Saturday, January 31, 2015

A brand-new 48-year-old typewriter

The label on the bag for the carriage is marked with the typewriter's serial number.

The carriage return lever is tucked back, but it's easily put in the right position without any tools.

Wrapped around the platen was this form that asks the office machine dealer to report back to Grundig on the condition of the typewriter.

Here's a cover, an accessories kit, and the screws that attach the carriage to the body.

 The accessories kit holds two brushes, an eraser, an erasing shield, and a cleaning cloth.

An instruction manual in German, Danish, Italian, and Portuguese:

This supplement explains the special accommodations for the blind that are found on this machine.

Raised dots on some keys provide tactile guidance.

You can also find tactile help on the paper support ...

... and the scale is marked with Braille numerals. You can feel the exact location of the printing point thanks to the protrusion on the little structure above the type guide.

 The serial number dates the typewriter at 1967:

Type unblemished by any ink:

There were small amounts of rust on the typebars and segment, which I removed with a brass wire brush. A little old grease in the segment was making the typebars stiff, so I loosened them up with Lectra-Motive Electric Parts Cleaner, my favorite degreaser.

On the left side of the typewriter you see a socket where a Grundig Stenorette tape recorder can be plugged in. The key to the left of the space bar makes the tape play when you hit it, or rewind when you hold it down. A key to the right of the space bar stops the tape. Very useful for typing from dictation, and especially useful for the blind.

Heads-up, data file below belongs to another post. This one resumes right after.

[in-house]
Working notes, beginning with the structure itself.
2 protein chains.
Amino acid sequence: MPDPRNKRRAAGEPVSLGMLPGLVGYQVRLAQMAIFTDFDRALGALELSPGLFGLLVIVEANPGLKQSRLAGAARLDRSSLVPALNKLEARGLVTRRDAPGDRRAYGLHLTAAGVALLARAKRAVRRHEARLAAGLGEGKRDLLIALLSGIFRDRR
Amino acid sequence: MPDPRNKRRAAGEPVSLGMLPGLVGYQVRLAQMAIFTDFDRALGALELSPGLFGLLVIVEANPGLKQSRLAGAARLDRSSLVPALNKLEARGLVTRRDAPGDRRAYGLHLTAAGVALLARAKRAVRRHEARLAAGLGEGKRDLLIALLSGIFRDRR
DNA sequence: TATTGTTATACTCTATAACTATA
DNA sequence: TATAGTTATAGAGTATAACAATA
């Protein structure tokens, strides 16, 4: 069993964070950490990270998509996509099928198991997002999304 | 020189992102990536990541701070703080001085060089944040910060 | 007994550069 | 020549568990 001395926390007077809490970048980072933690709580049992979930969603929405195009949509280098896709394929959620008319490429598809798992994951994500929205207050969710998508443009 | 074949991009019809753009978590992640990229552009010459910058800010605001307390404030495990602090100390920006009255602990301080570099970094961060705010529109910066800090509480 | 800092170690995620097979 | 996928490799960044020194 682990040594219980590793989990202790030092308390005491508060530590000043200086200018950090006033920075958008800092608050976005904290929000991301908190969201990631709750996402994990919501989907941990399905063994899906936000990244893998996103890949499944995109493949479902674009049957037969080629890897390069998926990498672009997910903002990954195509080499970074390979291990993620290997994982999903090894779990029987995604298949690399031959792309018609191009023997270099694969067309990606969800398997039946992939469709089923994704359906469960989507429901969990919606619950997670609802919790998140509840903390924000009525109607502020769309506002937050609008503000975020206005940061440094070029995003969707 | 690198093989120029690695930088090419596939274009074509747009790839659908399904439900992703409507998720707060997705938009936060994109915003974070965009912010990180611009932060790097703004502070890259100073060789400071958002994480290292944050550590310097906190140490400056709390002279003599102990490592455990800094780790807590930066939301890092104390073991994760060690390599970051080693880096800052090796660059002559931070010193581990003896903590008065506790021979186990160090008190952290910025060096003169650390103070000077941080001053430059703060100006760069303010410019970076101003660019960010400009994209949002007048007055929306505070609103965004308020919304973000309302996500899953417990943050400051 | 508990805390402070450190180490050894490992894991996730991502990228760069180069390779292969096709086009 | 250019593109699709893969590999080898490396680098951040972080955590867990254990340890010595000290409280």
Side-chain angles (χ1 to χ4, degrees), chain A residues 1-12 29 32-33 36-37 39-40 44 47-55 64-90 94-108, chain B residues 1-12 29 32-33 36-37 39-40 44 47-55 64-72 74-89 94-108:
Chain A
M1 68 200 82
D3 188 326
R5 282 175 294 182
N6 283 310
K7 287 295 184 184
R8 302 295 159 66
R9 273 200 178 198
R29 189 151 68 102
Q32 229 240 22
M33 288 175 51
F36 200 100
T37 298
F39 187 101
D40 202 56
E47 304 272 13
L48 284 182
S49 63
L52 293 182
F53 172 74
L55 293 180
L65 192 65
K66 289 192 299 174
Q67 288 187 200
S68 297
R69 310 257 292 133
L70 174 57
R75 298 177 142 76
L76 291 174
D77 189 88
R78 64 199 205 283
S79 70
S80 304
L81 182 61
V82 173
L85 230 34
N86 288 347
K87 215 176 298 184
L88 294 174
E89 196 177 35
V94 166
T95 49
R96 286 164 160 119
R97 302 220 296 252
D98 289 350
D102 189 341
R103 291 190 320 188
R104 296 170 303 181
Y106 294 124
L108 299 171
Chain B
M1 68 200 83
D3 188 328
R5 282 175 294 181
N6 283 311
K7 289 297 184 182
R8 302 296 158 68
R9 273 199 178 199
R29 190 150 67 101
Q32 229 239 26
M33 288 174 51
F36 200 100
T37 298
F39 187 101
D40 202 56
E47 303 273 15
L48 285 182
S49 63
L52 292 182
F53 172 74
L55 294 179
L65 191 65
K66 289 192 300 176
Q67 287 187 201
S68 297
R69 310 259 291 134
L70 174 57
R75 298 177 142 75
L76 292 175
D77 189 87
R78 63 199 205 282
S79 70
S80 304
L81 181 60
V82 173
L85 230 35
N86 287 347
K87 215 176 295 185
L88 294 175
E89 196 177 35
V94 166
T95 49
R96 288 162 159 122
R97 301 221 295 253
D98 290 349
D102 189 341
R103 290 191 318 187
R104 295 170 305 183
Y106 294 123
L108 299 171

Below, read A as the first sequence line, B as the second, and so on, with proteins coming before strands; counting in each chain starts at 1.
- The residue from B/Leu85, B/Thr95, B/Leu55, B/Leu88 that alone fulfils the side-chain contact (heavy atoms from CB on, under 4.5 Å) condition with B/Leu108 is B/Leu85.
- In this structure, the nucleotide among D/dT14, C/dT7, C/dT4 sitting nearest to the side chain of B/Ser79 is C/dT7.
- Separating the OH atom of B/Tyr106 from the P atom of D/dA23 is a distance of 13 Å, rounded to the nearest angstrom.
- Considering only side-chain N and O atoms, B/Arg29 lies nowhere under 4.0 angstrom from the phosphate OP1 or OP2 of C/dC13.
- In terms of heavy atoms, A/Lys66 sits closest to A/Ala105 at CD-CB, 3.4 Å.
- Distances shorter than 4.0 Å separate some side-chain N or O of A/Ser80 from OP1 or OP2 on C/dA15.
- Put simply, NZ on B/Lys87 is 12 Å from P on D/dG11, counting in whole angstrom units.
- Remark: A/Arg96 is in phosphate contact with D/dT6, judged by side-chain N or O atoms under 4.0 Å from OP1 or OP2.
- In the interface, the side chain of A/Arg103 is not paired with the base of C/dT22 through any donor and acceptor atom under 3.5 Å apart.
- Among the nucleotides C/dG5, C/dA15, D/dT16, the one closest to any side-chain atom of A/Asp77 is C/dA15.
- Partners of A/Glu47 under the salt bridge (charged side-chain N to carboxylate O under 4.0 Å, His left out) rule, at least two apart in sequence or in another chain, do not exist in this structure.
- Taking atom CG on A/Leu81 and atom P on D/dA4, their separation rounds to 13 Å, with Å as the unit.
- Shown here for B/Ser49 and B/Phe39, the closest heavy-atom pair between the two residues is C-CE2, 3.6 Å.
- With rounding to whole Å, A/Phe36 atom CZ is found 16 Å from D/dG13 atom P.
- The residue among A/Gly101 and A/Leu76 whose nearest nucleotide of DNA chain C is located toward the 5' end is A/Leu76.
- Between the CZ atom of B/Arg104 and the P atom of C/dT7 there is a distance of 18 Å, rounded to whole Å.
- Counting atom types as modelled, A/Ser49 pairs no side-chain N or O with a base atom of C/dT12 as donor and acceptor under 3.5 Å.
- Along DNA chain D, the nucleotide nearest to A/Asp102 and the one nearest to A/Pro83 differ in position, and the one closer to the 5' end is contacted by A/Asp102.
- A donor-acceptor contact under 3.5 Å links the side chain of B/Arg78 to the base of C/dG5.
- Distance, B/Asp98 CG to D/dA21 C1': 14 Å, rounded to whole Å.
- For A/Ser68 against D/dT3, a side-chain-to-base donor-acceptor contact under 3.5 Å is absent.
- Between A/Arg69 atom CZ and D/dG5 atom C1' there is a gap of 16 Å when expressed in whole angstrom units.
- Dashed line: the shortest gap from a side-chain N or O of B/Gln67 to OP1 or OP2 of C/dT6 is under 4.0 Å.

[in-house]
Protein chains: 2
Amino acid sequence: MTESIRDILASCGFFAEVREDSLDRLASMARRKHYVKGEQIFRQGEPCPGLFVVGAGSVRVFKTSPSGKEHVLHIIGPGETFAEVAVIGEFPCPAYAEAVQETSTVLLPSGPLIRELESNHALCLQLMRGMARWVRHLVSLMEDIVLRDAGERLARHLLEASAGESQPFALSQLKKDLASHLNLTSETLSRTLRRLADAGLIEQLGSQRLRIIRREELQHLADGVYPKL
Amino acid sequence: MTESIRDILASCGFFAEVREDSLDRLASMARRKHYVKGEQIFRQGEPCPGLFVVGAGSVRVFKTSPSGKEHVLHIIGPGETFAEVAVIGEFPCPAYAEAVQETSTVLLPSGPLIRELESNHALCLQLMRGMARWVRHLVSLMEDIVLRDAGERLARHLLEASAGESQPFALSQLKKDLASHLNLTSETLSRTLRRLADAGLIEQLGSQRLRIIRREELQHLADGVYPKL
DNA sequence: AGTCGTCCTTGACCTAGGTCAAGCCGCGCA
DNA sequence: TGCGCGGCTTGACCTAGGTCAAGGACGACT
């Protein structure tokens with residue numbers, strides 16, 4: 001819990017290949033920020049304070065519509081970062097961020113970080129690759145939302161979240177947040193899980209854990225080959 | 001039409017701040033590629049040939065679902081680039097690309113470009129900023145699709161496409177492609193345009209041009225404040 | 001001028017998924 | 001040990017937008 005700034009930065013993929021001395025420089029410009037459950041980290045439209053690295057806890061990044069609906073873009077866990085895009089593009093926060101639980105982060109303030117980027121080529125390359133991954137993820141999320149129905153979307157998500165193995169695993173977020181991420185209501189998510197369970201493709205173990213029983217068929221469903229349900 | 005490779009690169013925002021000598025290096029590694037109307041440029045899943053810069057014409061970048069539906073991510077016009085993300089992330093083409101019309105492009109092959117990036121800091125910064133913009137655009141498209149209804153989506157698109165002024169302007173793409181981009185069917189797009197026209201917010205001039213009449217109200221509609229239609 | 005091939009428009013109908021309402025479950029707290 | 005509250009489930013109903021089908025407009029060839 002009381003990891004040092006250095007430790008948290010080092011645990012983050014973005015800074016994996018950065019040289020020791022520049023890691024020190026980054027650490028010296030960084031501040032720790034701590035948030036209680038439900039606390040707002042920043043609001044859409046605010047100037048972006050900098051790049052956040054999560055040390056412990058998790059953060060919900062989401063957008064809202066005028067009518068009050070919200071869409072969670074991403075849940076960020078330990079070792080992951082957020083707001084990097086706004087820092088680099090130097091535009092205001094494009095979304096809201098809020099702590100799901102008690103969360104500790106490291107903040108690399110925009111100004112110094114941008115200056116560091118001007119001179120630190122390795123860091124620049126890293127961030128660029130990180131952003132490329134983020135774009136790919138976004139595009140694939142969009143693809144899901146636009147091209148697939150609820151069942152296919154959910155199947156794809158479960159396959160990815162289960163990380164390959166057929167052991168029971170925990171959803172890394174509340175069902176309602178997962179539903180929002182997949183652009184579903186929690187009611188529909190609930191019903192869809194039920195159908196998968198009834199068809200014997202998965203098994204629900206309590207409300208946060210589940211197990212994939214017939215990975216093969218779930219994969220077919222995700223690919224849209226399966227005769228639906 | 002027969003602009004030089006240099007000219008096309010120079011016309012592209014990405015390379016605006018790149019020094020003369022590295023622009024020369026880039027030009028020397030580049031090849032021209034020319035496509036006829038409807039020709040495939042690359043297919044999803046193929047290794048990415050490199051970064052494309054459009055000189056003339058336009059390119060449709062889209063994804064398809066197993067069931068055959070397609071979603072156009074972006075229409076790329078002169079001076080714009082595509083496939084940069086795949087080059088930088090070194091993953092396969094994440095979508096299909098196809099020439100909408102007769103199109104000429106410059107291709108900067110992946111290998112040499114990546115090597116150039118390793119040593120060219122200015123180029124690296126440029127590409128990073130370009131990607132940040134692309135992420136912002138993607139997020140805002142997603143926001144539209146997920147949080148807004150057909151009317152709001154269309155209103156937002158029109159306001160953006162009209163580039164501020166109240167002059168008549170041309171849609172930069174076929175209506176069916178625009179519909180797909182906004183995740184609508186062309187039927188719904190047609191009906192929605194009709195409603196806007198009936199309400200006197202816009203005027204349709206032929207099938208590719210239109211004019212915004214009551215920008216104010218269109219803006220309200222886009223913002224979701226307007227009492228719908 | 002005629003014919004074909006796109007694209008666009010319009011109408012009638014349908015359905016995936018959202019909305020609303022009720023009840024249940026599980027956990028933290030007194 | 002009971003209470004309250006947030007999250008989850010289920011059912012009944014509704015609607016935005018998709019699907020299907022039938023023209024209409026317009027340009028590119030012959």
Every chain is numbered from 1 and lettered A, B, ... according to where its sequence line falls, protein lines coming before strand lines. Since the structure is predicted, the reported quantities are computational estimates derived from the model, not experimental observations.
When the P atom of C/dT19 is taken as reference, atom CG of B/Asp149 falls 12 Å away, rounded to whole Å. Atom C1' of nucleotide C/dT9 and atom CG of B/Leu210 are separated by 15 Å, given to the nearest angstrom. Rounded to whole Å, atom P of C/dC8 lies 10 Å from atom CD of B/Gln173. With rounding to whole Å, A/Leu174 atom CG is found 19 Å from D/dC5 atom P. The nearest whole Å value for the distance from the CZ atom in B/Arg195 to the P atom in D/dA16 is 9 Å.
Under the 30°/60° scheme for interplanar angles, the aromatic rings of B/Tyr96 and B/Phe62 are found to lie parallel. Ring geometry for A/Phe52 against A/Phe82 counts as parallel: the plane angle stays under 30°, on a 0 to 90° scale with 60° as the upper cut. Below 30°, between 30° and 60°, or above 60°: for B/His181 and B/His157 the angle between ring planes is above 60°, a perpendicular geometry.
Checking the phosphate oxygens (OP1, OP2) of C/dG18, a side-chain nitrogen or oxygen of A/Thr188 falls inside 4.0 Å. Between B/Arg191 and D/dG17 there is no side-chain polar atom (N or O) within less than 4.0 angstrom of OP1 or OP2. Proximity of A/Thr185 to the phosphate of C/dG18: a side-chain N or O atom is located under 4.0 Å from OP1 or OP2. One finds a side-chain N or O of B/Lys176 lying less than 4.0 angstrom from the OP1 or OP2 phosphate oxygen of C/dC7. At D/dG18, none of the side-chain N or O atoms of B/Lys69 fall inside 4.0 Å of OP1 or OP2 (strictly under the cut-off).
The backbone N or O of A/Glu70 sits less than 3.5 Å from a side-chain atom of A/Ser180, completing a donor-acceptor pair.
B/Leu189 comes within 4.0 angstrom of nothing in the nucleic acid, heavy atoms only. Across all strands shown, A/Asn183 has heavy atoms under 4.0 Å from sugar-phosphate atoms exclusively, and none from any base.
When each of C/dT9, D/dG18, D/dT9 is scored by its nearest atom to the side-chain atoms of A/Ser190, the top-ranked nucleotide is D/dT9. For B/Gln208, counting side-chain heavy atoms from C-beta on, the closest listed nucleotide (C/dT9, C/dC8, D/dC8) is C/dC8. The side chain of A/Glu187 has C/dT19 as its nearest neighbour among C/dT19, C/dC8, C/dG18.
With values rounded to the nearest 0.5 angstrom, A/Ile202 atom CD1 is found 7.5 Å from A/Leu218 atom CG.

And there you have it: a brand-new 48-year-old typewriter! 
It feels great: precise, speedy, and durable.

Monday, January 26, 2015

à Paris

The Arcades:

Semi-mysterious typewriter-themed calendars:

Miniature dishes at a toy shop in the Arcades; each is about 1 inch across:

A lovely piece in the Picasso Museum:

Fondation Louis Vuitton—the house that bags built:

Installation by Olafur Eliasson:

This is Paris in the 21st century, avec moi.

Thursday, January 22, 2015

Cover design

This warm and simple image is the provisional cover design for The Typewriter Revolution. It may be revised after my editor gets feedback at a sales conference. A textured cover is a possibility.

I've also started a Facebook page for the book. Like it to receive updates on Fb.

Friday, January 9, 2015

Mystery sound

I've never encountered a typewriter that sounds like this before ...

... and I don't think you'll guess what it is. But you guys might surprise me!

Wednesday, January 7, 2015

Underwood Electric: The keyboard's ready

For the extra five keys needed by the Underwood Electric, I took the keys from an old Underwood no. 5 that was shipped inadequately and had its carriage broken, becoming a parts machine. This kind of key pulls off the stem very easily ...


... but removing the metal rings from the keys was very hard. I used to have a great tool for doing this, but now I can't find it anywhere.

Finally I was ready to insert the key legends -- but I found that the ivory paper I used was too light to match the rest of the keyboard.

PB B'laster to the rescue! This yellowy degreaser/lubricant gives just the right antique look when dabbed on with a Q-Tip.


And now I'm ready to show you the whole keyboard.

The five new keys were glued onto the stems with JB Weld.

The base of the typewriter has now been reattached. I painted the distinctive "tube" that loops out to protect the keyboard; the rest is unpainted aluminum.

The black tab bar came from a '40s manual Underwood which will be getting this machine's gray tab bar—they're identical except for the color.

Am I heading in the right direction?

In case you don't remember, the typewriter originally looked like this.